The Power of the Noun


#1

So it’s an interesting thing - me joining an online community dedicated to diabetes. I’m not really a public diabetic. Sure, I treat my diabetes in public - I’ll take a hit of insulin on the street, in the restaurant, or anywhere else I generally please. Speaking of, special thanks to the security guard in front of the Georgetown Salvation Army headquarters who just looked at me funny when I whipped out my Levemir and DIDN’T listen to that gut feeling that said to call the cops cause the crazy junkie girl with a yoga mat was shooting up and couldn’t they come and shoo her away.

Anyway, digressions aside, I publically treat diabetes, I am not a public diabetic. Twenty-something, funny girl, old soul, and wicked optimist - those are my nouns, not diabetic. Coming up on my year anniversary de diagnosis, I don’t really let people know how much I think about my diabetes. Sure, I have to count what I eat, time when I exercise, and prick my finger several times a day, but if I THINK about it, well that changes the whole ballgame. It becomes a preoccupation, and whether I like it or not, there’s a certain diabetes tint that a very significant portion of my life has taken on.

I think I’ve hidden my new D-shaped glasses from the rest of the world because, for the most part, my world is filled with people who knew me pre-diagnosis, and I want to be very sure that they don’t see me as Diabetic Lizzie. I don’t want to be Pitiable Lizzie or Fragile Lizzie or Lizzie*, unless that * is followed by “mega millions lottery winner and respected international leader.” So I haven’t really blogged about my diabetes (on my other blog, the hilarious and incredibly humble http://lizziemusar.blogspot.com), I don’t talk about it to anyone, and while I’m very happy to answer questions that people may ask, I don’t generally bring up the subject first.

I have diabetes, but, one year into this bloody roller coaster, I don’t call myself a diabetic. The distinction may be slight, but it’s an important one for me right now. Maybe TuDiabetes will help me take on the proper noun-ness of it all.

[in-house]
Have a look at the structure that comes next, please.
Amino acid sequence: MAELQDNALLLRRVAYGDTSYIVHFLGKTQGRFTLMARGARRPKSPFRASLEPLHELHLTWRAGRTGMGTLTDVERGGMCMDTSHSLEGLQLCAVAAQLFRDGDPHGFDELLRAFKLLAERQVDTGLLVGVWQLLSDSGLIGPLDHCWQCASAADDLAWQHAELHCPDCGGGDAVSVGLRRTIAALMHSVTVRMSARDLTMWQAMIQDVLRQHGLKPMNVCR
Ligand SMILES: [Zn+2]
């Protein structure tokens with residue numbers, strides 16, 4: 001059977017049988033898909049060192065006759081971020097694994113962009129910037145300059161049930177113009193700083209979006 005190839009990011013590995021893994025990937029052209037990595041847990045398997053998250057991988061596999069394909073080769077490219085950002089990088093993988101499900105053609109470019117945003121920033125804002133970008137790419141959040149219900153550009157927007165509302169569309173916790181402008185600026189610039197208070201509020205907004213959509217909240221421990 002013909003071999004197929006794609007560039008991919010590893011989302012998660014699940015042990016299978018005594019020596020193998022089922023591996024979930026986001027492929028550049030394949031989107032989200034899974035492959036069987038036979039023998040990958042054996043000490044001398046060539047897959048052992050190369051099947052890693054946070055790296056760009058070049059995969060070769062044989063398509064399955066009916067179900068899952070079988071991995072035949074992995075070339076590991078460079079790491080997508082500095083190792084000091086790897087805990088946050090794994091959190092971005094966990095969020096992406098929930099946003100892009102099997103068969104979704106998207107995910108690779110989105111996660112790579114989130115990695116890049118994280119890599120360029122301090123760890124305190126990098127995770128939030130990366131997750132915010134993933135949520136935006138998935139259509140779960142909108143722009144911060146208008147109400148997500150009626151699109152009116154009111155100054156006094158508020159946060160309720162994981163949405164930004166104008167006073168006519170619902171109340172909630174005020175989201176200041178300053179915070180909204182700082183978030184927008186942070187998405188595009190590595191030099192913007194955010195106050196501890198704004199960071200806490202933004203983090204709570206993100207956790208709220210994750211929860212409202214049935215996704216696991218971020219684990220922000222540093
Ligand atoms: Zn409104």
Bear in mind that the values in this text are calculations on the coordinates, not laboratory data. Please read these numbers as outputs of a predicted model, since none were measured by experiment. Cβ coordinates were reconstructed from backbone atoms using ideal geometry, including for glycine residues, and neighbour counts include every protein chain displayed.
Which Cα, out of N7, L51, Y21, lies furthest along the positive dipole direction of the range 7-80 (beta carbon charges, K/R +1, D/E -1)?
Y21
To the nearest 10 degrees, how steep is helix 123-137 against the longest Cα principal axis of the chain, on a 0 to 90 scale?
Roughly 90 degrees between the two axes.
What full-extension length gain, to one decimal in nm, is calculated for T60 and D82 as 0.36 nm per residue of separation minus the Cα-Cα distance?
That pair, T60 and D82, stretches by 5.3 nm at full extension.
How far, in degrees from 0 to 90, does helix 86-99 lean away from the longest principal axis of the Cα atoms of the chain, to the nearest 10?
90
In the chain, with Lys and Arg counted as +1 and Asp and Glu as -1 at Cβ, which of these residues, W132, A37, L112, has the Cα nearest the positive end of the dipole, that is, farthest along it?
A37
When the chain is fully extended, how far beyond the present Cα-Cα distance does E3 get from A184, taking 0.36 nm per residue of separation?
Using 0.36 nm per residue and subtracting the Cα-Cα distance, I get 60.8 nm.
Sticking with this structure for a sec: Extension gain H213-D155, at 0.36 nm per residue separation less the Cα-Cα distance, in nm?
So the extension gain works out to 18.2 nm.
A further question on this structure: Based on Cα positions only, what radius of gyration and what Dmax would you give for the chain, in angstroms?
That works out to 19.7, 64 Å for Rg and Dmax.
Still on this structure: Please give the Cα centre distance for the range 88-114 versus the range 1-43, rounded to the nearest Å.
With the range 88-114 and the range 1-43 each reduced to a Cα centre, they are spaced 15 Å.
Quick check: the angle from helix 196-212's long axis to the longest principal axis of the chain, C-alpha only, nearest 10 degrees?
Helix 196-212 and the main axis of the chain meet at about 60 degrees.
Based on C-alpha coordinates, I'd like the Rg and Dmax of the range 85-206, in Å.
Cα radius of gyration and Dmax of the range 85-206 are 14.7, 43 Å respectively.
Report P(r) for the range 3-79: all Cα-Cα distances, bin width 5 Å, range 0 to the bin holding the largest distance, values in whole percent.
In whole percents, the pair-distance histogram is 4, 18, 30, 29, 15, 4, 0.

So thanks to those of you who have friended me - it’s been a great welcome and I look forward to sticking around.


#2

hi lizzie! i get what you mean about people thinking you are frail, pitiful and blah blah blah. it took my friends a while to get used to me. even two months on i think they have the idea that if i consume a grain of sugar i might drop dead in front of them. but that’s why i’m trying not to be shy about diabetes, because me doing that will only make people around me less aware than they might already be. i don’t like to call myself a diabetic either, but i’m new to it and i think it is weird. i prefer to say that i live with diabetes. it sounds much nicer, in my opinion. anyway you go girl! :slight_smile:


#3

Welcome Lizzie! I totally understand! This is the only place I talk freely about diabetes. Like you everyone knows me pre-diagnosis, and I like it that way. It’s safe. You seem to have a good grip on who you are, and that’s what is important.


#4

Welcome Lizze! You have a great way with words! Looking forward to reading more!! :slight_smile: I think my son has felt very similar to you.

It was kind of cool when we went to the Cincinnati Reds game for JDRF day recently. He almost wanted to have his insulin pump out for the younger kids to see. It was a different perspective when he felt like he could help out a little kid feel better about being a diabetic by seeing this big kid who was just like him. The power of a noun. Anyway, thanks for brightening my day. :slight_smile:


#5

Welcome. Glad you’re here. I never wrote about diabetes before, but now that I have my blog, which I originally started to document my time teaching in Taiwan, I find the online community invaluable and like writing about it.